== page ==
Wednesday, April 23, 2014

Making HO tents

I found a flat plaster casting containing some rocks and exposed dinosaur bones. It was something I bought many years ago at a train show. I must have purchased two because I added this same casting to the HO layout Bob Hayden and I built for Tokyo Disneyland back in 2000. 

I took the casting and glued it to a piece of 1/2" plywood and added a length of HOn30 track in the corner. I then colored the rocks, bones and earth with acrylic paint.

My plan is to have an archaeological expedition digging-up the bones. For this I needed tents to house the expedition.

For the tent "canvas" I needed a material that is shear enough to allow lantern light, inside the tent, to shine through. Bill Banta supplies roofing paper with some of his kits. It's meant to be used as model tarpaper. It's thin and has a see-though texture. I thought it might make a good tent canvas - the old fashioned heavy type that had the rough feel of sail canvas. 

From my youth I remember the canvas being gray to tan in color and always smelled of the tar-like "weatherproofing" that was painted on it. (I have flashbacks to my uncomfortable Boy Scout days trying to sleep in one of these tents while it was raining. You'd have a wet sleeping bag for a week.)

Anyway, I took Banta's roofing paper and laid it out on a towel and applied a thin wash of acrylic earth and black. I needed to paint both sides and keep brushing out the texture pattern made by the towel. After it dried I had my canvas as shown here. 

I built a bunch of cardboard frames for the tent canvas to drape over. These are 8' by 8' and 4' high at the knee wall in HO scale. These are not precision models as you can see but they will be covered so they're good enough. I painted the inside of each tent frame with a light earth-colored paint.

After the paint dried I smeared the frames with thin white glue and laid the canvas in place. 

I glued the cardboard frames to the canvas starting at the back. After the glue dried I cut-out backs and then draped the canvas over the sides and the top.

The last step was to glue on the front, make a slit in it, and then fold back the doors. I used a drop of glue to hold the doors back. Eventually there will be a cot and a table inside the tent.

Several of the tents will be used on the Fiddletown display as miner's lodgings.

Friday, April 11, 2014

Fiddletown Staion

I finished this little Woodland Scenics station. It's close enough to the Fiddletown station to be used on my current project. This is a cast metal kit. All parts fit together with very little clean-up. 

I primed the parts with Krylon Camo Earth color and then brush-painted the trim with a medium gray. The roof was primed with Krylon Camo Brown and then dry brushed.

After assembly the whole building got a thin wash of raw umber to tone down the brightness. 

Inside there's a figure in every window, blocks of painted wood for furniture, and a small LED to light it up. I found I needed to add a cardboard ceiling inside to prevent light from spilling out from under the roof eves. 

This was fun to build and took about 4 hours total.

Tuesday, April 8, 2014

Lighthouse lantern

I needed to build a half dozen lighthouses. The lantern (the part where the revolving light and Fresnel lens is located) is the tricky part. All the lights had to work and look realistic.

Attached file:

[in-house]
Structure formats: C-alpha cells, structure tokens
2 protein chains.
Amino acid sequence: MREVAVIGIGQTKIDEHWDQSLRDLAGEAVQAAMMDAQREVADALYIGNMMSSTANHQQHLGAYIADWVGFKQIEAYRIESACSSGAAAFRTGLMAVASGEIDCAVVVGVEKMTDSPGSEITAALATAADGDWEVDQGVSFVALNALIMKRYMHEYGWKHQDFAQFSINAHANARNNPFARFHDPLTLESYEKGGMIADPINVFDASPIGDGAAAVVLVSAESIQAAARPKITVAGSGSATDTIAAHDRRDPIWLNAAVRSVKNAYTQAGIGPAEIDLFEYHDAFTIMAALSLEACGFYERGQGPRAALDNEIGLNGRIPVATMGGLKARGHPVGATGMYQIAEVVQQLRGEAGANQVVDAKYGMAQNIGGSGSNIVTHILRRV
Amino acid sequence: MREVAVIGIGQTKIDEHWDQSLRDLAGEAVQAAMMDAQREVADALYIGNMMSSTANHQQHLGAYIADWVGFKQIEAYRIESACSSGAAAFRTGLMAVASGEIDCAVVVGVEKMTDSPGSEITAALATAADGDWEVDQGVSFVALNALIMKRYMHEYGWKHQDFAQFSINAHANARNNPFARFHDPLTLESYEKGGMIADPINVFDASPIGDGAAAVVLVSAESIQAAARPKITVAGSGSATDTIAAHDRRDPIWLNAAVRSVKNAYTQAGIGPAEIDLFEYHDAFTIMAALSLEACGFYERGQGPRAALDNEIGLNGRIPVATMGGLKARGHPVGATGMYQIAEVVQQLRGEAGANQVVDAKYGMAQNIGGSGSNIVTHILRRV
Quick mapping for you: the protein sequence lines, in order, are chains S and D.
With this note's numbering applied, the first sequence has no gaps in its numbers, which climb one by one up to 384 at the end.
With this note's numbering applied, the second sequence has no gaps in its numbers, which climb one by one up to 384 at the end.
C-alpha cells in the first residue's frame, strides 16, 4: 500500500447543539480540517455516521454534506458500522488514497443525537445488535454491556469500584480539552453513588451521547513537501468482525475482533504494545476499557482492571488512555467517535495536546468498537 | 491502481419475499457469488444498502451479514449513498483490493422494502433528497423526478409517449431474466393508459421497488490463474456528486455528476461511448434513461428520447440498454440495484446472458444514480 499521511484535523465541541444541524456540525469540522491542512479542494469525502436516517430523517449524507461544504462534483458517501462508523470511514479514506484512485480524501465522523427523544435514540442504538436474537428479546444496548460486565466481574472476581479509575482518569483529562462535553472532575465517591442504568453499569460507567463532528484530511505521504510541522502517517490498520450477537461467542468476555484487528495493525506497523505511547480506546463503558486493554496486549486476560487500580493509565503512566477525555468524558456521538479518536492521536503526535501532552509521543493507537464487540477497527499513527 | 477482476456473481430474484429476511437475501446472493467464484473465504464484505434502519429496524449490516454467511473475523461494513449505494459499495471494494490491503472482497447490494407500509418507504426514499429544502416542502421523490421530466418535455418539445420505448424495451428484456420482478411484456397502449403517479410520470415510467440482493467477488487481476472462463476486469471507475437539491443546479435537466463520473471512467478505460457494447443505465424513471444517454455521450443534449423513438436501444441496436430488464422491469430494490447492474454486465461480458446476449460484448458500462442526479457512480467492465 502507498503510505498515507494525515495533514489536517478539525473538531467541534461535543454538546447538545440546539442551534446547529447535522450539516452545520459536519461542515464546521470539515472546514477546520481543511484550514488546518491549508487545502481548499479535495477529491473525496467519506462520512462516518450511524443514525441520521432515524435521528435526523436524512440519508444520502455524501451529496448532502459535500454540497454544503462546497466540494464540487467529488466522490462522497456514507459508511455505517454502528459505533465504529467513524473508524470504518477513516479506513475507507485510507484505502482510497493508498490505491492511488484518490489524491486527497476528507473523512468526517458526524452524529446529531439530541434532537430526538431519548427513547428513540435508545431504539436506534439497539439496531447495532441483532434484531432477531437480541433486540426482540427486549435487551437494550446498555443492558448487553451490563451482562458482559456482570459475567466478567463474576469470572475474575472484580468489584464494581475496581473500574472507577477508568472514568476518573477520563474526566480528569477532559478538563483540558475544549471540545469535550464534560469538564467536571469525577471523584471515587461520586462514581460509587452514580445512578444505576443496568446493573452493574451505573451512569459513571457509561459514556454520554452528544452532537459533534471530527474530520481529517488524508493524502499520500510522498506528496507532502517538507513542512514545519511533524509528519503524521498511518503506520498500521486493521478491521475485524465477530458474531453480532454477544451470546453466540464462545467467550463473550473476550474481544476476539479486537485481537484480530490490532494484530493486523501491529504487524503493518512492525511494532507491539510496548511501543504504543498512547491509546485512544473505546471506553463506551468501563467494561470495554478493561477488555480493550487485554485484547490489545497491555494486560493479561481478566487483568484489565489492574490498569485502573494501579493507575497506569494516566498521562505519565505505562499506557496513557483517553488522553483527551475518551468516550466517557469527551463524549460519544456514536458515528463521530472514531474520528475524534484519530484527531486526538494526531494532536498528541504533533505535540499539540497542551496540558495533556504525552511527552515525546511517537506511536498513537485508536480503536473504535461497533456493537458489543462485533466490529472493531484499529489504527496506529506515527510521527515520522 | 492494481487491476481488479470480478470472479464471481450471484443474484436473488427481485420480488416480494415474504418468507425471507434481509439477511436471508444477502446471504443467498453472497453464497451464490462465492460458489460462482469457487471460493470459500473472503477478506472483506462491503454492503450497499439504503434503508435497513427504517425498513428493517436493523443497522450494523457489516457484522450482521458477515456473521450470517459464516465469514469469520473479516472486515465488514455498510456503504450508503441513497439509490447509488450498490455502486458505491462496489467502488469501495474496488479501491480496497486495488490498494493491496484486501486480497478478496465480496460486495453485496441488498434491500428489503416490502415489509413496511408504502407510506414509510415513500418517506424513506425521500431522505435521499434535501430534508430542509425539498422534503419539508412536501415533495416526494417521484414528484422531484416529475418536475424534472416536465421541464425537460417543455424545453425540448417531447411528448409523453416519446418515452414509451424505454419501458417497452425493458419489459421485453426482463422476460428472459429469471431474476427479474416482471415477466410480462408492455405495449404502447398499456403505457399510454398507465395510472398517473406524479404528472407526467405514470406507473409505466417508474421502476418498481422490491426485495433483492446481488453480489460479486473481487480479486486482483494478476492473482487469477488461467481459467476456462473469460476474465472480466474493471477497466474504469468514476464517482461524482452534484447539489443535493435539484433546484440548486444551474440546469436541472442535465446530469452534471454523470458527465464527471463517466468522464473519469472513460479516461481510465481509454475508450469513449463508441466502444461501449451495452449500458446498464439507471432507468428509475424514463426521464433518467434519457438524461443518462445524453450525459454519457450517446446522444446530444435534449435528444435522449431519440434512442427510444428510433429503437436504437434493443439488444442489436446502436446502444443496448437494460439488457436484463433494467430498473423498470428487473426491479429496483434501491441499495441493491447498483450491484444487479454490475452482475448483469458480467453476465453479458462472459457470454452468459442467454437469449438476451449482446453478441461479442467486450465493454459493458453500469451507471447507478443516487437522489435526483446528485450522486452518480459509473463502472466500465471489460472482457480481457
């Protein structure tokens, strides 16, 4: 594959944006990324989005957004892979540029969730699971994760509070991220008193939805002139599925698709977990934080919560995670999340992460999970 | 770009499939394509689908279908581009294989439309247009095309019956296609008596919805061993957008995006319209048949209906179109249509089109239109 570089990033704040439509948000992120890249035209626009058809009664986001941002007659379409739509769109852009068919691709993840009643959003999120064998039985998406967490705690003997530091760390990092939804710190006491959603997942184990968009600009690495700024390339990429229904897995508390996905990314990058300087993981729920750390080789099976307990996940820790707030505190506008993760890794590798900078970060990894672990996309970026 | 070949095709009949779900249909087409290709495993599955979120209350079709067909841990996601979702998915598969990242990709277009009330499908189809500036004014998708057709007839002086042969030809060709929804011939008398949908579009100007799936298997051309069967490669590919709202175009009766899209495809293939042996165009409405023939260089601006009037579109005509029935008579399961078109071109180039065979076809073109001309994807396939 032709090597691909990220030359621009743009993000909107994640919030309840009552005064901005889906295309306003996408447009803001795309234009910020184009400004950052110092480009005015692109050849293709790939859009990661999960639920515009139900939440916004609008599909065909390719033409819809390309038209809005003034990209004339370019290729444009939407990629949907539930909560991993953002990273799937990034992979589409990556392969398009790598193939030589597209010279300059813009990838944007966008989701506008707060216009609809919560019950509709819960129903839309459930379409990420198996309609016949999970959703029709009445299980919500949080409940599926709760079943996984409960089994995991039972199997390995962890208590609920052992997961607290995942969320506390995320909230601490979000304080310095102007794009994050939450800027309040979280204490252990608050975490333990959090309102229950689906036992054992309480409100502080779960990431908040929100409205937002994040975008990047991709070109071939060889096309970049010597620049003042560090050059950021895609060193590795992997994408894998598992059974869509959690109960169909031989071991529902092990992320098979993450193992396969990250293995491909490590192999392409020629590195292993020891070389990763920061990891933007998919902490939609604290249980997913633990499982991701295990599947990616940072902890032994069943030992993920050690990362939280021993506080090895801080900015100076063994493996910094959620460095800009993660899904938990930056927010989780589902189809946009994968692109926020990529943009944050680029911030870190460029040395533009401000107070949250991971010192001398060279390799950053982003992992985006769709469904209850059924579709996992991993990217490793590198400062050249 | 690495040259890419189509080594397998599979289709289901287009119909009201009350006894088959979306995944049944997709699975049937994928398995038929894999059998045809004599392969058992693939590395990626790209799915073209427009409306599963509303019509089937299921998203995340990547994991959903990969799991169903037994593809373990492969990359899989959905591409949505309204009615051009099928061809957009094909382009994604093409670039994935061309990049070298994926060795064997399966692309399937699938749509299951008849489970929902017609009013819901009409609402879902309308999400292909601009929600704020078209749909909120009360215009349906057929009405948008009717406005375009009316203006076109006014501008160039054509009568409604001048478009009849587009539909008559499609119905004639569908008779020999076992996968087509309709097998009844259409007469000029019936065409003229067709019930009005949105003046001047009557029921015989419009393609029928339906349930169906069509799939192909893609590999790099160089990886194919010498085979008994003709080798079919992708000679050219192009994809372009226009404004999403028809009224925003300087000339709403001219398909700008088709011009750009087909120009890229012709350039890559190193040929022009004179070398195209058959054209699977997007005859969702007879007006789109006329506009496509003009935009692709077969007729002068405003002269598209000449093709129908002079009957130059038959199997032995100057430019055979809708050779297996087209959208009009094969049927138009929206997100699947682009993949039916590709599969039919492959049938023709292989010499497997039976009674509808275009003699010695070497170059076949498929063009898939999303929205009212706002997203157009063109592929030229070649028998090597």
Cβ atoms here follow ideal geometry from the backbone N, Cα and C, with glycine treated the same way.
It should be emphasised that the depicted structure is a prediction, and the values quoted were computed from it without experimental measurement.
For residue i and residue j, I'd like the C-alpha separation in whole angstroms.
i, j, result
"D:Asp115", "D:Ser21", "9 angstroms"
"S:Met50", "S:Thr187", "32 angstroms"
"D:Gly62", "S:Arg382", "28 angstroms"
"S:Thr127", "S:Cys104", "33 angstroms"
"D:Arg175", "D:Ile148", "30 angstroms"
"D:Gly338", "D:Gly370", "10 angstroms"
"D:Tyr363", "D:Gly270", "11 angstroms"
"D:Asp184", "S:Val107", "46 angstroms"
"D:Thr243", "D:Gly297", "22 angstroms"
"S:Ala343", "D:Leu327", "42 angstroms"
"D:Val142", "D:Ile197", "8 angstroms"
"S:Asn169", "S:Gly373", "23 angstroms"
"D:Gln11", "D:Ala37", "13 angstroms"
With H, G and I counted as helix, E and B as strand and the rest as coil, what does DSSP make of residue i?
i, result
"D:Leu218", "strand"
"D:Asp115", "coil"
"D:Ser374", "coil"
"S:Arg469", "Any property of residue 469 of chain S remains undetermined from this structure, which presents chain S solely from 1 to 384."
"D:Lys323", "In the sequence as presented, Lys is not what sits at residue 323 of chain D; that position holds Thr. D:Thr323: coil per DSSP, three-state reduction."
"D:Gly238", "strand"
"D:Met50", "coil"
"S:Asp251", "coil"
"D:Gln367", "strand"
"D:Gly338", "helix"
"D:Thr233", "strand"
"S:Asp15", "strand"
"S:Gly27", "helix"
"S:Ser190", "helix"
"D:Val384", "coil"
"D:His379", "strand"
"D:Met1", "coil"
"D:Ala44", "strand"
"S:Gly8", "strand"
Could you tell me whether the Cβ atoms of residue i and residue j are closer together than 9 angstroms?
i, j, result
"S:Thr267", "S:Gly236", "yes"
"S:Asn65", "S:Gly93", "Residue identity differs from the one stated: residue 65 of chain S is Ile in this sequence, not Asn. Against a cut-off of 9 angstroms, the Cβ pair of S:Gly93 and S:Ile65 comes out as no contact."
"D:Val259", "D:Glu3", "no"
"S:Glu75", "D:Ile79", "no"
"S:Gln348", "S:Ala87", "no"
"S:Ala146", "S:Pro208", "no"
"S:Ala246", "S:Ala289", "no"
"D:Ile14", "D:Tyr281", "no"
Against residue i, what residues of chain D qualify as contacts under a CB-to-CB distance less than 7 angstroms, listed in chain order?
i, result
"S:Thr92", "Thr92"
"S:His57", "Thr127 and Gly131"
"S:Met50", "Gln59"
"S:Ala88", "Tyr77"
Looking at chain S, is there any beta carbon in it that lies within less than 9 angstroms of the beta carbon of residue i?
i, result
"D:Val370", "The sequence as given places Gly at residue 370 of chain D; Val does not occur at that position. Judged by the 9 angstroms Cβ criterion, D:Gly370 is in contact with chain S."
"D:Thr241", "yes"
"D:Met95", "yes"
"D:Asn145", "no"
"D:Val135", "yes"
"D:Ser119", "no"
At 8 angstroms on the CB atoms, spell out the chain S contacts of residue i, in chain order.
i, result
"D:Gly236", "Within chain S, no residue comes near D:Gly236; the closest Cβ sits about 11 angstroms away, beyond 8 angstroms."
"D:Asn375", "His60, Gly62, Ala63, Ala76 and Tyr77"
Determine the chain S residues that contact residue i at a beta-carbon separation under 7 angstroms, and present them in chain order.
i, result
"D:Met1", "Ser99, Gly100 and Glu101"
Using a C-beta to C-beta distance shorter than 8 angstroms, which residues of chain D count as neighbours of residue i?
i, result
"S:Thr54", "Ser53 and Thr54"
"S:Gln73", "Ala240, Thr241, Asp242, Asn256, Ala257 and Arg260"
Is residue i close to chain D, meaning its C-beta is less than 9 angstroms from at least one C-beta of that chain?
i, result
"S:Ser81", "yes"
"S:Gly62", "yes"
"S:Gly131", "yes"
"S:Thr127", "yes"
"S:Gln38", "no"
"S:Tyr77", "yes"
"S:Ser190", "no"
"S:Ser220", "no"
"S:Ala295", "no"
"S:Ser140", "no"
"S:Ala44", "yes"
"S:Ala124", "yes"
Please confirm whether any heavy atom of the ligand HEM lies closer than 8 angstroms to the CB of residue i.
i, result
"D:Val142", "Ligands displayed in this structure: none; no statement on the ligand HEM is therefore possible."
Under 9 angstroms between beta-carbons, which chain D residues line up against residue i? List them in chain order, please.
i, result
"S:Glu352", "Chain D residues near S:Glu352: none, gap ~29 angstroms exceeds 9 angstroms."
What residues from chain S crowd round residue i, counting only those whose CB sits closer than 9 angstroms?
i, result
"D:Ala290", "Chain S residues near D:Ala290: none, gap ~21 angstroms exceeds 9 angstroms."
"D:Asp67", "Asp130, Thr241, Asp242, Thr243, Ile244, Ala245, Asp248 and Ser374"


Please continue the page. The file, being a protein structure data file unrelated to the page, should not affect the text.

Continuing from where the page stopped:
I found a custom circuit that would allow an LED to pulse on and pulse off with a 3 second gap between the pulses. The circuit operated on between 9 and 20 V AC or DC - perfect for the auxiliary side of many train power supplies.

To hide the bright LED I used a piece of clear plastic rod. I drilled out a hole for the LED to fit in, and roughed-up the outer surface with fine sandpaper to diffuse the light. It works and looks nice.

BTW - I'm holding the top of the lighthouse with a paper cup - the wires can hang down through a hole punched in the top of the cup. 

Sunday, April 6, 2014

Water Tank part 2

I needed several little metal loops for my water tank and I happened to be in a friends fishing store. I asked if he had any tiny swivels. He did, they were in the junk box, and after rummaging around for a few minutes I found these. 

The wire loops are a little large for HO but if I paint them black no one will notice. I cut each swivel in half and got two loops. I used five on the water tank so that leaves me about 30 more for other projects.

Here's my little water tank almost complete. It still needs weathering and I'll do that just before I place it in the scene. 

Friday, April 4, 2014

Fiddletown water tank

I needed a water tank that looked somewhat like the cartoon water tank in Carl Fallberg's Fiddletown & Copperopolis book. I didn't have a tank on hand but I did have some parts left over from an ancient project - a plastic water tank and roof. I think the parts are from Atlas. 

I used the cartoon as a guide to build the wooden supports and cribbing that hold the weight of the tank full of water. These were made from scrap wood and then spray painted with a Krylon Camo dark brown. The Camo colors dry dead flat and are great as a base color or primer for model builders.

The cartoon showed a shingled roof so the first step was to sand away the existing metal roof detail on the plastic roof and then shingle the roof. I used left-over scraps from Paper Creek and Wild West. They're slightly different colors so I washed the finished roof with a raw umber Apple Barrel acrylic color and then dry brushed with earth and then white. My goal was to blend the two different shingle colors into one homogeneous roof. 

The plastic tank was a brown color but I wanted it to be yellow. So I masked the roof and bottom timbers and airbrushed the tank a light yellow color. 

I'm almost finished with the spout detail and will post photos when done.